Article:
LITERATURE
     
The Miroslav Gospel is the oldest Cyrillic memorial in Serbian. The Gospel was very likely produced for the Church of St Peter.
Literature (from Latin litterae (plural); letter) is the art of written work. The word literature literally means: "things made from letters". Literature is commonly classified as having two major forms—fiction and non-fiction—and two major techniques—poetry and prose.

Literature may consist of texts based on factual information (journalistic or non-fiction), a category that may also include polemical works, biography, and reflective essays, or it may consist of texts based on imagination (such as fiction, poetry, or drama). Literature written in poetry emphasizes the aesthetic and rhythmic qualities of language—such as sound, symbolism, and metre—to evoke meanings in addition to, or in place of, ordinary meanings, while literature written in prose applies ordinary grammatical structure and the natural flow of speech. Literature can also be classified according to historical periods, genres, and political influences. While the concept of genre has broadened over the centuries, in general, a genre consists of artistic works that fall within a certain central theme; examples of genre include romance, mystery, crime, fantasy, erotica, and adventure, among others.


Important historical periods in English literature include Old English, Middle English, the Renaissance, the Elizabethan era of the 16th century (which includes the Shakespearean era), the 17th Century Restoration period, the 18th century Age of Enlightenment, the Romanticism of the early 19th century, the later 19th Century Victorian, and 20th Century Modernism and Post-modernism. Important intellectual movements that have influenced the study of literature include feminism, post-colonialism, psychoanalysis, post-structuralism, post-modernism, romanticism, and Marxism.

It concerns set of texts which it is considered that they have universal values, is kernel of our cultural heritage. There is powerful literature in all great cultures of the world. But it appeared that Europe is still the center of the literary world. Some writers descriped how they became European: by a wide fan of literature. Iliad and Odysseus, the Arthur legends and the Norwegian and Icelandic myths are part of the habit of thoughts, just like Kleist, Vergilius, Racine and Thomas Mann. A reading list can be found here.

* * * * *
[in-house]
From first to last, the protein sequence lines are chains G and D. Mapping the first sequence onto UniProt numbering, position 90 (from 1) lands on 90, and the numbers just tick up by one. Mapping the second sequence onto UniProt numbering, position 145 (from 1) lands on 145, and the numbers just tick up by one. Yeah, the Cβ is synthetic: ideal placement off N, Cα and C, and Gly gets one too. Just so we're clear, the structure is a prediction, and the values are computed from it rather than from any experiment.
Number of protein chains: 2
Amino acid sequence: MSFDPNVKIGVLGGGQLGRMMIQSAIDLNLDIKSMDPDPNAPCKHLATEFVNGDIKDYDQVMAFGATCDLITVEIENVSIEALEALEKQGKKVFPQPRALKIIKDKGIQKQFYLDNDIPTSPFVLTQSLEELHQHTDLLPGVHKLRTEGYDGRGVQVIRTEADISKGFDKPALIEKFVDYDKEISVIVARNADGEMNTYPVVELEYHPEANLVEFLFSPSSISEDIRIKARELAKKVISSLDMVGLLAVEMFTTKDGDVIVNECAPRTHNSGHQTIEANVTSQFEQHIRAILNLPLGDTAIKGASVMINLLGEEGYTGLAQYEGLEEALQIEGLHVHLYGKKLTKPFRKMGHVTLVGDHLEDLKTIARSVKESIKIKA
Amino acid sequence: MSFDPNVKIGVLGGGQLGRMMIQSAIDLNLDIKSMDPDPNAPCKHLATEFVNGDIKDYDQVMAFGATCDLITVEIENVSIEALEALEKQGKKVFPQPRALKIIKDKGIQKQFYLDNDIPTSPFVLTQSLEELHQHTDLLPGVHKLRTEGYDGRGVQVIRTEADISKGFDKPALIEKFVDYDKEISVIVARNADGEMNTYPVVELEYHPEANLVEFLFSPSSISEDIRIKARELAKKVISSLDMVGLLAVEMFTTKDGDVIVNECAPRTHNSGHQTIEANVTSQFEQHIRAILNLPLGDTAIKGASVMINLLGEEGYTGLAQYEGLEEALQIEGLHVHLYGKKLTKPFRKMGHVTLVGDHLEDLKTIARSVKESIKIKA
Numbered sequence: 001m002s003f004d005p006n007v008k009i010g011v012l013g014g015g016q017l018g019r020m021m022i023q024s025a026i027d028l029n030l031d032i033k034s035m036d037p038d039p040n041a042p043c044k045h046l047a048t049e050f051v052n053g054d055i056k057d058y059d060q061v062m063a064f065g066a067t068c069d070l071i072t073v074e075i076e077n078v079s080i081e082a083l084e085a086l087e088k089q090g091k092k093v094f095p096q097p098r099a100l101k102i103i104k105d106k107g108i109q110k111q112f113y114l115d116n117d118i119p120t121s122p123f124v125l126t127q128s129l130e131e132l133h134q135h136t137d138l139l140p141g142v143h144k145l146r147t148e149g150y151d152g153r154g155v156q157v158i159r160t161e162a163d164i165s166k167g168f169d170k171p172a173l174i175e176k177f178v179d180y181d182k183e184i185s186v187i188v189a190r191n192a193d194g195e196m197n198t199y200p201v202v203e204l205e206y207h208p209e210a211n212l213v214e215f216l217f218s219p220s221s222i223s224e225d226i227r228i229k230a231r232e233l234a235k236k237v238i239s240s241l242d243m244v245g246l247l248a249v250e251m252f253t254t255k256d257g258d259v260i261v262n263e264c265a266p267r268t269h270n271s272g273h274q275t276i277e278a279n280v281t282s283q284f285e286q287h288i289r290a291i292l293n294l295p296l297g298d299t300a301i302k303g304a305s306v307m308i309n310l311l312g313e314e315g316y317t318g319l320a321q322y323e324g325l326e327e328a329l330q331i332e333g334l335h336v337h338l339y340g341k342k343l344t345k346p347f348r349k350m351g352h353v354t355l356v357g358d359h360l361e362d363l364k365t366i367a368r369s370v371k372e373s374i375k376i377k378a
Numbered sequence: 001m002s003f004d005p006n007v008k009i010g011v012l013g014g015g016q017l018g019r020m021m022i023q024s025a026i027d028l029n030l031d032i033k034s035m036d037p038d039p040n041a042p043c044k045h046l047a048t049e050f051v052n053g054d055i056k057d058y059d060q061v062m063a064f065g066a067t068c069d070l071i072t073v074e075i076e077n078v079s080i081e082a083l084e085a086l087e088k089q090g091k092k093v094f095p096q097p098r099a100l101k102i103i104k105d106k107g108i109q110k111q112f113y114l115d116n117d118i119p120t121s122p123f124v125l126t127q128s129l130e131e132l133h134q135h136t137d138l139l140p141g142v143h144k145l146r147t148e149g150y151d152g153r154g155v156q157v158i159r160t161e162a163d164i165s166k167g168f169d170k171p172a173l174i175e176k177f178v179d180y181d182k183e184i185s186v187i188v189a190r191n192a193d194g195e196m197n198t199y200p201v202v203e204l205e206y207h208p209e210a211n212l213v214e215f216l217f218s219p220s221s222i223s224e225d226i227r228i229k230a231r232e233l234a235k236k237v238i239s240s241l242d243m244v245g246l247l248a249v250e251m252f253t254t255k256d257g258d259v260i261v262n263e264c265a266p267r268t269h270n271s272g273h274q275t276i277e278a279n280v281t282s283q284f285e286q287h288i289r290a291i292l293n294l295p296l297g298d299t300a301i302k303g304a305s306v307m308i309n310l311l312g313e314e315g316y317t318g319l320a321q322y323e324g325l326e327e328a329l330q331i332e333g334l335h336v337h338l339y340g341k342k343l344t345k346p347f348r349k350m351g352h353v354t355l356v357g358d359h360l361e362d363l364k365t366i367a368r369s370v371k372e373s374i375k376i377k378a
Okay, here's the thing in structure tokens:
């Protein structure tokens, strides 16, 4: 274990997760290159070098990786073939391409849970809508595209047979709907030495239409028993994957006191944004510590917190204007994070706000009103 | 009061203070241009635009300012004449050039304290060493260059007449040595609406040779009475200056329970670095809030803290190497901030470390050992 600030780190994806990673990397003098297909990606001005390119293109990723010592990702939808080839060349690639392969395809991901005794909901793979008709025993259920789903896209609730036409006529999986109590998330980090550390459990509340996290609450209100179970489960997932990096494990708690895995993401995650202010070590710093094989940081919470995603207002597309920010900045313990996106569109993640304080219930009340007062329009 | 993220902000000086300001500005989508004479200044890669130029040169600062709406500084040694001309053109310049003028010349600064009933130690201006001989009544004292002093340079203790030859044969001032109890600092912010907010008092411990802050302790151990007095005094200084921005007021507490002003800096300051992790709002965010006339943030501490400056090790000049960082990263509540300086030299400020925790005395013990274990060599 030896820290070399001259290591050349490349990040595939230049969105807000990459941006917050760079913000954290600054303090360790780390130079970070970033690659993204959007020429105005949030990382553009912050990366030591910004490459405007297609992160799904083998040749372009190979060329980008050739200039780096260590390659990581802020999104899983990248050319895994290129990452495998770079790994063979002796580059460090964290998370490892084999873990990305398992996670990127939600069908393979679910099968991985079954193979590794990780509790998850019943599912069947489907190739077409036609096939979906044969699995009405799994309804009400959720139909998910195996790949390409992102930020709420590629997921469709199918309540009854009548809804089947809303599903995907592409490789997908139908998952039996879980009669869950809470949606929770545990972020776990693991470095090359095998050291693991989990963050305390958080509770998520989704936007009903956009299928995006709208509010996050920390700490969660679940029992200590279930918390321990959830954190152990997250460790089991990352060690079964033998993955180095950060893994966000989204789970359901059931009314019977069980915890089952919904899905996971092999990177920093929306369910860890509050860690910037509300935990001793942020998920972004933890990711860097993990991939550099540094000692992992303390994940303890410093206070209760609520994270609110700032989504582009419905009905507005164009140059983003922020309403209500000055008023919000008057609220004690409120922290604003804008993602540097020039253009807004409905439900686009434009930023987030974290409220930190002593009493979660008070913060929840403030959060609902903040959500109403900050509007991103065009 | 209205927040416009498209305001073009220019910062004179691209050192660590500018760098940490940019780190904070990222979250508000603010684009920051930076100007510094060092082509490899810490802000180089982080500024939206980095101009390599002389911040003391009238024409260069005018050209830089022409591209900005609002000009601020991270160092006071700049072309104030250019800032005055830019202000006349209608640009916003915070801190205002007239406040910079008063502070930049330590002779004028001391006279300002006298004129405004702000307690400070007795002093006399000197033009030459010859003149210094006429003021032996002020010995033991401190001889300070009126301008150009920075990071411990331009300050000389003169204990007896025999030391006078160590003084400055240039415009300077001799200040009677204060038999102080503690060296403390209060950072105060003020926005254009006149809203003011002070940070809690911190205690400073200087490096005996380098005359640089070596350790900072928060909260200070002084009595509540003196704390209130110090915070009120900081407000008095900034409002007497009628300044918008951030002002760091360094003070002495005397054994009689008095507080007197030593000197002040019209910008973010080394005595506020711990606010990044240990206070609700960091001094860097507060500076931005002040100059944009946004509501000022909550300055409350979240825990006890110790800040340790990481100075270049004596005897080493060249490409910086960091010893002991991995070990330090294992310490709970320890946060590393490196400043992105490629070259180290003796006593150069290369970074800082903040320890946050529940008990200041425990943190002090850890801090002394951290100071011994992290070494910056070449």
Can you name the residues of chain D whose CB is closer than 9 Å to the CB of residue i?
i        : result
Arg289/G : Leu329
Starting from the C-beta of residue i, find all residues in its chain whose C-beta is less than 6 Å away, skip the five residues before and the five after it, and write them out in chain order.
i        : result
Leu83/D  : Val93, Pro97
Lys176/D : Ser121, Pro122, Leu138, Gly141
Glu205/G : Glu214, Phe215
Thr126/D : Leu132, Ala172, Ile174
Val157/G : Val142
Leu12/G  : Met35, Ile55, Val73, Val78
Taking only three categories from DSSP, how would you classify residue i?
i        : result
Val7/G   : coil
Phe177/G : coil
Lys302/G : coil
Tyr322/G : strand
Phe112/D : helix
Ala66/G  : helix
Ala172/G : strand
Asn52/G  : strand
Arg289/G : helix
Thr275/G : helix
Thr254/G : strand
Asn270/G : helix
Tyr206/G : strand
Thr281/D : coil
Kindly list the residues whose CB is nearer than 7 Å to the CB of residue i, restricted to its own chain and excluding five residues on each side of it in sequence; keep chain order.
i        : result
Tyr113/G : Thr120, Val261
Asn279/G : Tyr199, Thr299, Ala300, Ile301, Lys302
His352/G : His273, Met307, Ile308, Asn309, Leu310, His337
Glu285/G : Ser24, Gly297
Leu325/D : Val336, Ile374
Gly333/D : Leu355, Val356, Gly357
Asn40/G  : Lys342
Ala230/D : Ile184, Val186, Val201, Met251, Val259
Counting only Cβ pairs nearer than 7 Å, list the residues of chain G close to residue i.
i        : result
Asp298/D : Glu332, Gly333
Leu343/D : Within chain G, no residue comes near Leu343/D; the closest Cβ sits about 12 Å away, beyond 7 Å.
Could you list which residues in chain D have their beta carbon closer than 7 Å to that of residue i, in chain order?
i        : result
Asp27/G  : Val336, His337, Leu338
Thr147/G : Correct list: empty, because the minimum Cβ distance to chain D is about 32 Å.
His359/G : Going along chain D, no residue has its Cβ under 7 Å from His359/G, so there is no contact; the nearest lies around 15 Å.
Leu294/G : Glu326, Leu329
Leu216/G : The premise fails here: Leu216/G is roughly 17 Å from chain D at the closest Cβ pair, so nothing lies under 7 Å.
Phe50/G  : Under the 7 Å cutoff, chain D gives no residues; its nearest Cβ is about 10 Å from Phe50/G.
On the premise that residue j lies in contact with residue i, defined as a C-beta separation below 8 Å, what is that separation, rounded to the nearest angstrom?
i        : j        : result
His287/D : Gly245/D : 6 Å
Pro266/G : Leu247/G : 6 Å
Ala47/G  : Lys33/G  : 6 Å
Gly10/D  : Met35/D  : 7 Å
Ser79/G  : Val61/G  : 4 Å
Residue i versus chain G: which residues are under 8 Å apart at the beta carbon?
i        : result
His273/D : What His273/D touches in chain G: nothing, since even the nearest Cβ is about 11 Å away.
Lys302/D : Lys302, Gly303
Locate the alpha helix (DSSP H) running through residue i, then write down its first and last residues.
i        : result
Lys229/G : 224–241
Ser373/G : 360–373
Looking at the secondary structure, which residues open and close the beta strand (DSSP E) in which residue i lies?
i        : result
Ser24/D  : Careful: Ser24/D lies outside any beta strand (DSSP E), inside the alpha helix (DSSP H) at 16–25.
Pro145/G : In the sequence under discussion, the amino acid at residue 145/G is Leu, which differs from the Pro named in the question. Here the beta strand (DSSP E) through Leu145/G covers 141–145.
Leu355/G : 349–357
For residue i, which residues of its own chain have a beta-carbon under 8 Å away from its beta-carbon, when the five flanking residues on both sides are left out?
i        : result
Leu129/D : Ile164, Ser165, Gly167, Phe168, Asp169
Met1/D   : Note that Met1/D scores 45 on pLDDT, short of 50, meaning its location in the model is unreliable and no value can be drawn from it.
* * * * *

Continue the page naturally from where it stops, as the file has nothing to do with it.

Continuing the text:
What to understand by European literature? Melancholy, history, complexity and old appear to be associations. It is a complete backround of shared experiences, partial political structures, adhered and abandoned ideologies, wars and dictatorships. Jáchym Topol defined: 'a European writer is someone who knows about disasters and horrors. It is a person who knows what communism has caused, the meaning of WW-II: common history, common misery'.

First page of the Old English epic poem Beowulf
More attention to European literature with the spirit of Lettres modernes, Histoire de la littérature européenne. Divide cultural heritage in periods: from Byzantine, Celtic, Arabo-Andalusic to modern times. Mind the trends and topics. Special attention to a Renaissance travel-story, words of opera during the Baroque, the letter roman, Maeterlinck, Nietsche, Strindberg and Tsjechov, the Dutch magazine 'Merlijn". In more modern times Hugo Claus, Gombrowicz, Beckett and Solzjenitsyn, Harry Mulisch, Joeri Androechovitsj, Viktor Pelevin and Per Olof.